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Prices and not promises are key

Despite fine words from leading brands, demand for recycled plastics continues to be too low in most parts of the world.

Although financial experts may believe the European Union will avoid recession, the same cannot be said of the secondary plastics market. Demand is heavily affected by low production because of fewer orders for finished goods. No one has much confidence in the market at the moment and there are no predictions for a growth in orders, even in the short term.

It may only be May but industry experts are already saying they do not expect any changes to the market until after the summer holidays. Production units are ticking over at 50-60% of capacity to keep the factories running. Stock holdings of finished goods is high so demand for raw materials is low.

LDPE film scrap prices have remained stable over the last two months. On one hand there is less demand while, on the other, the availability of scrap is also low, balancing prices which are not fluctuating too much. Natural LDPE film remains in the region of EUR 400-420 per tonne.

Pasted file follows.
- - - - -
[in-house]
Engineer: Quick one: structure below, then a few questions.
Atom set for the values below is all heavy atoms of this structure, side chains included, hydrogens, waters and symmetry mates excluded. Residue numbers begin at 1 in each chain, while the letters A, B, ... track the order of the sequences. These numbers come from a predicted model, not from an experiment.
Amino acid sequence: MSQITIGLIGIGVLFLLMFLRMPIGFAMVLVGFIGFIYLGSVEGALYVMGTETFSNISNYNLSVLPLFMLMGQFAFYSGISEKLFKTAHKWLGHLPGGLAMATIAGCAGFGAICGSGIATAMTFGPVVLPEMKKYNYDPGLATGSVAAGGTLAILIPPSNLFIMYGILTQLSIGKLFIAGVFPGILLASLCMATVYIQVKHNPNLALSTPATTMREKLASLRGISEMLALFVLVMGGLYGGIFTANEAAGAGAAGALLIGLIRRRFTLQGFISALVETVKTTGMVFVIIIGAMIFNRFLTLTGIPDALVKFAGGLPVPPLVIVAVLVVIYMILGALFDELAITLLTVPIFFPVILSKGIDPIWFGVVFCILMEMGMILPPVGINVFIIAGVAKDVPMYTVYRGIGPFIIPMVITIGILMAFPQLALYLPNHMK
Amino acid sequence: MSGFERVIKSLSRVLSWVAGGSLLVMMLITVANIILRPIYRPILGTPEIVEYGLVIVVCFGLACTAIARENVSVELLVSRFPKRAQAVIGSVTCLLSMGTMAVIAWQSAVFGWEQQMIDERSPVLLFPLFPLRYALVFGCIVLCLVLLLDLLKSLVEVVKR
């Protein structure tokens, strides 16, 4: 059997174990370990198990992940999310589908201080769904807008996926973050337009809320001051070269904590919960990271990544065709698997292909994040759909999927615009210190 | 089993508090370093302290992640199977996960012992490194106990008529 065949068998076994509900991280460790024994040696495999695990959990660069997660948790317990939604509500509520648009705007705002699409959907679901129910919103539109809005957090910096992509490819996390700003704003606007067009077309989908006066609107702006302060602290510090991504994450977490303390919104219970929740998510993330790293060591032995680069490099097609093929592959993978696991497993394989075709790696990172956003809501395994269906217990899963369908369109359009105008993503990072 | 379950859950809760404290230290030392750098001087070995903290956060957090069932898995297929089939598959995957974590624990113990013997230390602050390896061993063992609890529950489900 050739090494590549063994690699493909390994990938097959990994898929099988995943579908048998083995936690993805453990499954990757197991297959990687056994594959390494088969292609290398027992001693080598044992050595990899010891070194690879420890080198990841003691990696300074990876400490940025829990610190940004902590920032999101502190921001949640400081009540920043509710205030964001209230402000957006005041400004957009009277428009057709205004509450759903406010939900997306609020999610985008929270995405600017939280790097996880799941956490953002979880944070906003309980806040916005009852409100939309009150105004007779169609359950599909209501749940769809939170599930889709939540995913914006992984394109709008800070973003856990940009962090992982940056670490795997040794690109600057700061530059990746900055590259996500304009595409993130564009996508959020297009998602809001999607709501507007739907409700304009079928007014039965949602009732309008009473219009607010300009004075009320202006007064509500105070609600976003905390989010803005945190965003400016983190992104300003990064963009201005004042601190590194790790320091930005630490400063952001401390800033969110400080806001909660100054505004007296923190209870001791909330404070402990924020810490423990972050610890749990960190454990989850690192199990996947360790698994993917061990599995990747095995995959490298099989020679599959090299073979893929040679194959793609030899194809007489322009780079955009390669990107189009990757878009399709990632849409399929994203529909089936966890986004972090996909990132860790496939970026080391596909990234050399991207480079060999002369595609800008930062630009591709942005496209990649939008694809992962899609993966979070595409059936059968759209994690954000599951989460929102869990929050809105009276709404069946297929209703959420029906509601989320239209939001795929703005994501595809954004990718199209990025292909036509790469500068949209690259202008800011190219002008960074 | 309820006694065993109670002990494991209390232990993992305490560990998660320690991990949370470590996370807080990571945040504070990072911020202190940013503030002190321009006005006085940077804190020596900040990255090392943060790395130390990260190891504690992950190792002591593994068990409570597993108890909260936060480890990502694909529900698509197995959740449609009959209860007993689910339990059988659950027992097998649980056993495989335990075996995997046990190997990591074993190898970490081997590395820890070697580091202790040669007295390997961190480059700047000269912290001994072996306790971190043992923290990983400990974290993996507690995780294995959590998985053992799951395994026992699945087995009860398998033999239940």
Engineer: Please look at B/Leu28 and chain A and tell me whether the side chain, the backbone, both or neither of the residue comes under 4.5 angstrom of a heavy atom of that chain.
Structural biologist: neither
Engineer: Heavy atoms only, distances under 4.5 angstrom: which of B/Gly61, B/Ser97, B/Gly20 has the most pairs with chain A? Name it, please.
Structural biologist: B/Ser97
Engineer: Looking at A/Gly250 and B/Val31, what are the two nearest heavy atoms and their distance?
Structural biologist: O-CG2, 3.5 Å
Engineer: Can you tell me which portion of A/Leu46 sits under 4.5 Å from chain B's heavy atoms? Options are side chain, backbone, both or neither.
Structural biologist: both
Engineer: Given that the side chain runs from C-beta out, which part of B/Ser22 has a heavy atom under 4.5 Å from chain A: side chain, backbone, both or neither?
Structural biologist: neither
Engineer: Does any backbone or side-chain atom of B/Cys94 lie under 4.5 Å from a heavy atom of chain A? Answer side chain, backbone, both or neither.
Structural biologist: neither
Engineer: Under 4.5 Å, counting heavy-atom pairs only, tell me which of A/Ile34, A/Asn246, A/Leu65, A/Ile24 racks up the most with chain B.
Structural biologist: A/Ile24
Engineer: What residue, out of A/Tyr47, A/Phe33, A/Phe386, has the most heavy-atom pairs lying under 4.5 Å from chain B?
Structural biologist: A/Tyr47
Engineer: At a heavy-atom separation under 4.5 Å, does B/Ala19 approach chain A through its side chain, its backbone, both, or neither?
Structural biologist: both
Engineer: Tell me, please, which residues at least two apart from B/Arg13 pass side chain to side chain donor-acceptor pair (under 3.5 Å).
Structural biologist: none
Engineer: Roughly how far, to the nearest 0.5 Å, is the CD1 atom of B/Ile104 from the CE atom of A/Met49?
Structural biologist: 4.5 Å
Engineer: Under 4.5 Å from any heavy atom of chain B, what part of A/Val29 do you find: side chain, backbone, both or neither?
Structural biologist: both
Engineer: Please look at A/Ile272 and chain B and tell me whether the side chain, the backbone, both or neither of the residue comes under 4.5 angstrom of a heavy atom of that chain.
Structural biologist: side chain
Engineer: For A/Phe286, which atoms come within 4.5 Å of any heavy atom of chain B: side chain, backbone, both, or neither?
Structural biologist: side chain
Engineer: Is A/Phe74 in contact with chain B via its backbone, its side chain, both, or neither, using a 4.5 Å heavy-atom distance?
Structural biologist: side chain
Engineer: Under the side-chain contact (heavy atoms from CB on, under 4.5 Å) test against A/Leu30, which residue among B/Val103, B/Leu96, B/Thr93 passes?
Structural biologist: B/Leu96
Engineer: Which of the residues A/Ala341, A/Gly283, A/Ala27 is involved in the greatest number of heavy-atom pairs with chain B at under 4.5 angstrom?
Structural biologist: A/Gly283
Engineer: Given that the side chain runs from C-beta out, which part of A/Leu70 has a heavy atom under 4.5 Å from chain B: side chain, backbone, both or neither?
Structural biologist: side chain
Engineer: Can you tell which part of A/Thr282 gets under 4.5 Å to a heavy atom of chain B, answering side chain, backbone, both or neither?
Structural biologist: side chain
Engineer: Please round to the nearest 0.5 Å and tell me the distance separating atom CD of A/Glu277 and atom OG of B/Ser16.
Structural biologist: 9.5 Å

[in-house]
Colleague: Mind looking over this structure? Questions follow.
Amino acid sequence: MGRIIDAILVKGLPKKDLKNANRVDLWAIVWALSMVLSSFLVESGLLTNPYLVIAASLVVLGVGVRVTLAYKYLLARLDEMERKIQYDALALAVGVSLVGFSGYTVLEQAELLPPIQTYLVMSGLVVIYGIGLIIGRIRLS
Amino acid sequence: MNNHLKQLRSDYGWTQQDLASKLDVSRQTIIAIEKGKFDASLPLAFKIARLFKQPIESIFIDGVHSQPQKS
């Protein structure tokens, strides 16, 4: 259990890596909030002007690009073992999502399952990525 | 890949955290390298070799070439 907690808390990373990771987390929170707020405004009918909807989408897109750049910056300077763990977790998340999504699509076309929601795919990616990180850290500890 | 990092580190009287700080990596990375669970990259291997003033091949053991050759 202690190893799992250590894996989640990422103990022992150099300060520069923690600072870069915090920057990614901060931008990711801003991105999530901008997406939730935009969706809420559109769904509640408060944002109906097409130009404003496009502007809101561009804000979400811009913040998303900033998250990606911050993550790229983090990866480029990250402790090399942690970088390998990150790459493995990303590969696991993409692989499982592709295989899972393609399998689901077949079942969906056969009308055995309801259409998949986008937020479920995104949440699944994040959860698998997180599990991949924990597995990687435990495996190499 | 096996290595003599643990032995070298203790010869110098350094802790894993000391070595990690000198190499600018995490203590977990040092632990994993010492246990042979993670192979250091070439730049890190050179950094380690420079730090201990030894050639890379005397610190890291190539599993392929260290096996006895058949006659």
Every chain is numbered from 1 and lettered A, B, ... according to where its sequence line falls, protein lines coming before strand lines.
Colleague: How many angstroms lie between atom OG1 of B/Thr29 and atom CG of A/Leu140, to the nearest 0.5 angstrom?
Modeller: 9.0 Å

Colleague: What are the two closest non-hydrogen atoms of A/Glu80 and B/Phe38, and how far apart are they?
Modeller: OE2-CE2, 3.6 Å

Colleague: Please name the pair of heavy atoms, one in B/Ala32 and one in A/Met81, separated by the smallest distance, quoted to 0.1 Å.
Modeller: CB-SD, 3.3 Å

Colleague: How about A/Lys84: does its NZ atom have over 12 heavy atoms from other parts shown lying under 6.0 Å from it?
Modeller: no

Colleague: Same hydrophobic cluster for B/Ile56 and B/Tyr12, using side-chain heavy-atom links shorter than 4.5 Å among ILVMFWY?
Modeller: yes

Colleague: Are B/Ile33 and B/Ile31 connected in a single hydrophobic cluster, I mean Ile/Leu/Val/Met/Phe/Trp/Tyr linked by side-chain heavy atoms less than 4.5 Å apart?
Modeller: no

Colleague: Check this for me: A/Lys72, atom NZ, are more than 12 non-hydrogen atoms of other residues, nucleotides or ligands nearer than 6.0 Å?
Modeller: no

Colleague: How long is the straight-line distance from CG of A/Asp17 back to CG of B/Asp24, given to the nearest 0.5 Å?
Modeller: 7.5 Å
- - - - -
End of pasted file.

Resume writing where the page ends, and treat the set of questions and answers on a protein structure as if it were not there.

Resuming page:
Nymex-quoted West Texas Intermediate crude oil fell significantly in March from a peak of US$ 80 per bbl to US$ 66 per bbl. This brought some negativity in the market at the time but it then jumped back to US$ 80 by the end of the month. Crude oil prices have been moving between US$ 70 and US$ 80 per bbl since the beginning of the year.


Under pressure from the public, press, and politicians, several big corporations have been making commitments and other assurances about promoting recycling. But there is a massive disconnect between ambition and action. Some leading brands have publicly committed large amounts to pay premium rates for recycled materials.

But that message hasn’t reached the commercial teams in charge of purchasing. In many developing countries, purchasing teams routinely ask for a discount on recycled granules compared to virgin materials. This leaves little incentive to collect and sort plastic waste for recycling. The current scenario of seeking discounts is counterproductive.

Even in the developed world, demand for recycled materials is very low. The discount between virgin and recycled materials has increased to about 30% in the case of polypropylene. This gap would not exist if recycled materials were being used to match ‘green’ commitments.

Most production units are again shifting to virgin material because prices have fallen. Ultimately, low virgin prices hit demand for recycled granules.

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